London

East London residential tower will be UK's tallest

South Quay Plaza Image copyright Berkeley Homes
Image caption The South Quay Plaza project has been designed by architects Foster + Partners

The tallest residential building in the UK is set to be built after the Mayor of London decided not to oppose it.

The 68-storey South Quay Plaza, on the Isle of Dogs in east London, will reach a height of 722ft (220m).

The development will provide 888 residential units, 188 of which will be classed as affordable.

Plans were approved by Tower Hamlets Council in November and building work can begin, after the mayor said he would not call the plan in.

Image copyright Berkeley Homes
Image caption Construction, which is expected to take five years, is set to start in 2016

The project, on Marsh Wall near Canary Wharf, also includes a smaller 36-storey tower. Three existing commercial buildings will be demolished.

Changes from the original planning application, submitted by Berkeley Homes, include a reduction in the height of the main building from 73 storeys and the introduction of an affordable crèche in the smaller building.

A new north-south pedestrian route along the west of the site has also been added to plans.

Construction, which is expected to take five years, is due to start next January.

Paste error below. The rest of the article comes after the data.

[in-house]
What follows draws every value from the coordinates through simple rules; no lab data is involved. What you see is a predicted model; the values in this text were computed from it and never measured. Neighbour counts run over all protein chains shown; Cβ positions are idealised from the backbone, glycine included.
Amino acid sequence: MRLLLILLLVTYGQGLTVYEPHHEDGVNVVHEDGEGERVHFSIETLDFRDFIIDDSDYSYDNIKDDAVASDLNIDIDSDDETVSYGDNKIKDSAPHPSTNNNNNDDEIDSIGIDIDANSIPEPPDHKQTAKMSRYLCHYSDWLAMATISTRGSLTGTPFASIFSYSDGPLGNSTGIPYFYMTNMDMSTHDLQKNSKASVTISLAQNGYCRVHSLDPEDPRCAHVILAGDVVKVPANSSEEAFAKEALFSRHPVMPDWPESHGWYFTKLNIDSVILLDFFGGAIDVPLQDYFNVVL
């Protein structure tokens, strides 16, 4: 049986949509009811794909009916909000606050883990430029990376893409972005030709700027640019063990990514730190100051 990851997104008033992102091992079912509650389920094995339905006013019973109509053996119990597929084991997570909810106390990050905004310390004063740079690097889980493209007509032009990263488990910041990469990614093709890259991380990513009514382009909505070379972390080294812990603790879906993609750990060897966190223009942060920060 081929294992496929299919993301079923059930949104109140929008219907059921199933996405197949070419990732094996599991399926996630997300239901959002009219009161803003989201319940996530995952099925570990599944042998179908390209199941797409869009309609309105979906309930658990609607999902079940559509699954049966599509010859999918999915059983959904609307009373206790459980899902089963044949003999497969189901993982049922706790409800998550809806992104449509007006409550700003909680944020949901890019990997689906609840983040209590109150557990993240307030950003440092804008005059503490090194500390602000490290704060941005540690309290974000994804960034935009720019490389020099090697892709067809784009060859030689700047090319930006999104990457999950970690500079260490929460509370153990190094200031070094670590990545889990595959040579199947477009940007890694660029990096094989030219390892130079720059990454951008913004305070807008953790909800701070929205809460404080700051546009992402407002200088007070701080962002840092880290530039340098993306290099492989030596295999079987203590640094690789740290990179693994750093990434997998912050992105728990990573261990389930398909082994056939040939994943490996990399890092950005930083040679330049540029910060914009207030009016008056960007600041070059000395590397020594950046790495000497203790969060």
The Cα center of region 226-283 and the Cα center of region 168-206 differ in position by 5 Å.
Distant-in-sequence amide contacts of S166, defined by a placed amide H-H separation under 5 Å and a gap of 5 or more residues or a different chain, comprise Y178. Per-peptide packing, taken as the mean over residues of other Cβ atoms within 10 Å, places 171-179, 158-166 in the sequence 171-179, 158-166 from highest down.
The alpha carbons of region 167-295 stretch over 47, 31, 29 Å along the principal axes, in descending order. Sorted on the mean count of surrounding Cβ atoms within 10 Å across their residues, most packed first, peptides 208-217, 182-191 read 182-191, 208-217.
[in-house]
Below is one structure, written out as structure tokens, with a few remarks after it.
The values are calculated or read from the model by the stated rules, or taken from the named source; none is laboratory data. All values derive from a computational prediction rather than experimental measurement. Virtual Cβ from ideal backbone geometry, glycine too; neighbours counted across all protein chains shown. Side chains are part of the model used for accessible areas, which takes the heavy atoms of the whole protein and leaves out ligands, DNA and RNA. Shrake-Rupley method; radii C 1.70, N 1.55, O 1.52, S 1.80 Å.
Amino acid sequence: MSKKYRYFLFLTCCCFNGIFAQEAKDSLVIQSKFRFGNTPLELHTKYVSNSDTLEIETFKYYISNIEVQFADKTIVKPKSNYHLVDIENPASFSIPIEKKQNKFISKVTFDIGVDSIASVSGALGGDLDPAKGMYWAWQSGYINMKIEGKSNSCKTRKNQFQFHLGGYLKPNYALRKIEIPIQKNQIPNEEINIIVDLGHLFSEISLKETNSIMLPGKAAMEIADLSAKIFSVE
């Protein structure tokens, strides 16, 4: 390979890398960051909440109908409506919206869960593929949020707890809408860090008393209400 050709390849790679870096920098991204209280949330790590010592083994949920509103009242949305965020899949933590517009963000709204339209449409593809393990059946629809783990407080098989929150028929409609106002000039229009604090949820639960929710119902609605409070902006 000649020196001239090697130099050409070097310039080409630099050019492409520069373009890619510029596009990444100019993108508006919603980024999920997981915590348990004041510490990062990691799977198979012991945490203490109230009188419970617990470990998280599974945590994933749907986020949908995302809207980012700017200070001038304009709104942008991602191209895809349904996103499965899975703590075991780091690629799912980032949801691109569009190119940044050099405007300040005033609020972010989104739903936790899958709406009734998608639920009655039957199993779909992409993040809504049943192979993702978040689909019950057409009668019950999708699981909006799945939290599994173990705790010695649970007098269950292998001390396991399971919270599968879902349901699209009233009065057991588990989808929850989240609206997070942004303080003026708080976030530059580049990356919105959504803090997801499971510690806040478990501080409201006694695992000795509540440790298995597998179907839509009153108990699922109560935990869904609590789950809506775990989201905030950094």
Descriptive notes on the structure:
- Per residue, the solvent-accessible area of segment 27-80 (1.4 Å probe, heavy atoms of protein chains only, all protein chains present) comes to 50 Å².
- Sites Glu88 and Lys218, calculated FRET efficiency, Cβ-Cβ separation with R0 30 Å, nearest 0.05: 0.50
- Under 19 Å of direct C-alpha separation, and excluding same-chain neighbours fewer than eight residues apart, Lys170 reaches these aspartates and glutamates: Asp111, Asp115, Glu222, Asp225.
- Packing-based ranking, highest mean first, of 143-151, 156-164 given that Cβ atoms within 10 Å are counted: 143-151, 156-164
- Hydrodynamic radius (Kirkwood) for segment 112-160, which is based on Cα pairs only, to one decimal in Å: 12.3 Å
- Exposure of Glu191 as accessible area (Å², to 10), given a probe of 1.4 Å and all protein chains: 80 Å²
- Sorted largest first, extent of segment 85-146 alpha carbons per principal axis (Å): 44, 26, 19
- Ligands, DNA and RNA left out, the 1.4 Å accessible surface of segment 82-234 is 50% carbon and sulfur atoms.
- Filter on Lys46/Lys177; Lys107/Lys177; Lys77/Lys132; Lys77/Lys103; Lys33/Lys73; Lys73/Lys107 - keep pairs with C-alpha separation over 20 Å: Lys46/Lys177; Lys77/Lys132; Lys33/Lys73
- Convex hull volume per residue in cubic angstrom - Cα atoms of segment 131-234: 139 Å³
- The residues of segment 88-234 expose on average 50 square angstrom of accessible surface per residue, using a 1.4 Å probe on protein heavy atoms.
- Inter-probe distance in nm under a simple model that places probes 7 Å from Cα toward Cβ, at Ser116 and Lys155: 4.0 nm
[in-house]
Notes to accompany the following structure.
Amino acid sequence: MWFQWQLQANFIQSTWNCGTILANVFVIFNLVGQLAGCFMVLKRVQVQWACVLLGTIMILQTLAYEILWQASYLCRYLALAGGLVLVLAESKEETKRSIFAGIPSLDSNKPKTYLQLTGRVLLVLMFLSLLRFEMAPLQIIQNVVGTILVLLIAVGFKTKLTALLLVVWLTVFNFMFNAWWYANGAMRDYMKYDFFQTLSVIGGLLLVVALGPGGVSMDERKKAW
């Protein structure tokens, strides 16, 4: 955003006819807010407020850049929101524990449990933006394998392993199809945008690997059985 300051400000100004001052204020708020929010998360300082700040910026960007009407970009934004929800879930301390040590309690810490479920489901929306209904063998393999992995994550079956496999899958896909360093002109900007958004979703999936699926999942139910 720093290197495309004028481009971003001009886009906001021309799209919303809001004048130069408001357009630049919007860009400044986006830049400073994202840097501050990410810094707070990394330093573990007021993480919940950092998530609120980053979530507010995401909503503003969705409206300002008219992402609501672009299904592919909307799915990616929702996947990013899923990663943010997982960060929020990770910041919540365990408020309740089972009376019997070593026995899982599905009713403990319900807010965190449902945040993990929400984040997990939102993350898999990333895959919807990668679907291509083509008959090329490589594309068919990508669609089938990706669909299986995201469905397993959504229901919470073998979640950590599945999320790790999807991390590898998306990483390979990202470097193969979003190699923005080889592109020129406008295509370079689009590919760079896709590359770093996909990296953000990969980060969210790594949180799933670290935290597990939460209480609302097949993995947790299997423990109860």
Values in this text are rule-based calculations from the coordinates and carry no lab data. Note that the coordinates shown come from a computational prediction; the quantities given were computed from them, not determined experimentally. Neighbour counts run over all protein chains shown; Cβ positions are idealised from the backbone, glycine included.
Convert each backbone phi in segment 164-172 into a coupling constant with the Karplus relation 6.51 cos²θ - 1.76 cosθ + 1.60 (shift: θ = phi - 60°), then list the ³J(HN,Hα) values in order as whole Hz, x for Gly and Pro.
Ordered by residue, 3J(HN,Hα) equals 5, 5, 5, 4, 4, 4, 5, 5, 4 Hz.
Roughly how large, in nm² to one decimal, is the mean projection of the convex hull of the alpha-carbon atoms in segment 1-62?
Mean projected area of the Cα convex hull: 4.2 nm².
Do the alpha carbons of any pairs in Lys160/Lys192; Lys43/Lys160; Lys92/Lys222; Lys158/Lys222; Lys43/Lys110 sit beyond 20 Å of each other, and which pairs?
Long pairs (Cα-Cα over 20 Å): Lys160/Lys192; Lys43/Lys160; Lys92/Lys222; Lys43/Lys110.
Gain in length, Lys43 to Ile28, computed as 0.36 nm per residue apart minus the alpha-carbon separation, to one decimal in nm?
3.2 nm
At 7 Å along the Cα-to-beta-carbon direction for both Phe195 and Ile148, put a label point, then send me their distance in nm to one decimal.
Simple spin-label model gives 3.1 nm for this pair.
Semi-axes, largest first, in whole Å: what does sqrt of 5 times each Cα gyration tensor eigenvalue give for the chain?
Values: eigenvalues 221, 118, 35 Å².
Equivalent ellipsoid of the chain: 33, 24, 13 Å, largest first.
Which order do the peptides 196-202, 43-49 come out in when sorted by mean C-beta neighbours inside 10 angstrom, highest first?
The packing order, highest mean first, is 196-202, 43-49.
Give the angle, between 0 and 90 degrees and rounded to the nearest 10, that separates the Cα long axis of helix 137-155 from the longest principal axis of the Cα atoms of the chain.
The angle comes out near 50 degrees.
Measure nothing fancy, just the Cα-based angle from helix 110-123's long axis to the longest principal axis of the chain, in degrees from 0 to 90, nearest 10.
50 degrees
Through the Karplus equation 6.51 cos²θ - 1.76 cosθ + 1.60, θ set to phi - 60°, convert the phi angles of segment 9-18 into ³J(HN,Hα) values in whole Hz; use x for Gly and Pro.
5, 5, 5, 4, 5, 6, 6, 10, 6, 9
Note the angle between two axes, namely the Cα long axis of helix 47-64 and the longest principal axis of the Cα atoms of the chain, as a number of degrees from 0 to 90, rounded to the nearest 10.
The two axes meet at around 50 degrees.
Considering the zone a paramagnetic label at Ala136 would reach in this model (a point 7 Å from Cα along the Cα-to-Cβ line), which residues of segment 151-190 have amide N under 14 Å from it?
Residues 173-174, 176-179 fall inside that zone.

In a statement, Tower Hamlets Council said: "This will deliver new homes to our borough - 188 of which will be affordable - and will be a big part of our plans to transform the South Quay area into a thriving dockside neighbourhood."

The Isle of Dogs Neighbourhood Planning Forum said it was disappointed by the decision as it was concerned about the density of the development, especially in regards to transport capacity and the amount of space for children who would be living in the tower.

Forum secretary Andrew Wood, who is also a Conservative councillor for Canary Wharf, said: "Our main concern is that there is a completely inadequate play space for children and it is on an island, there are only two ways off the Isle of Dogs. What we want is a proper strategy for the area."

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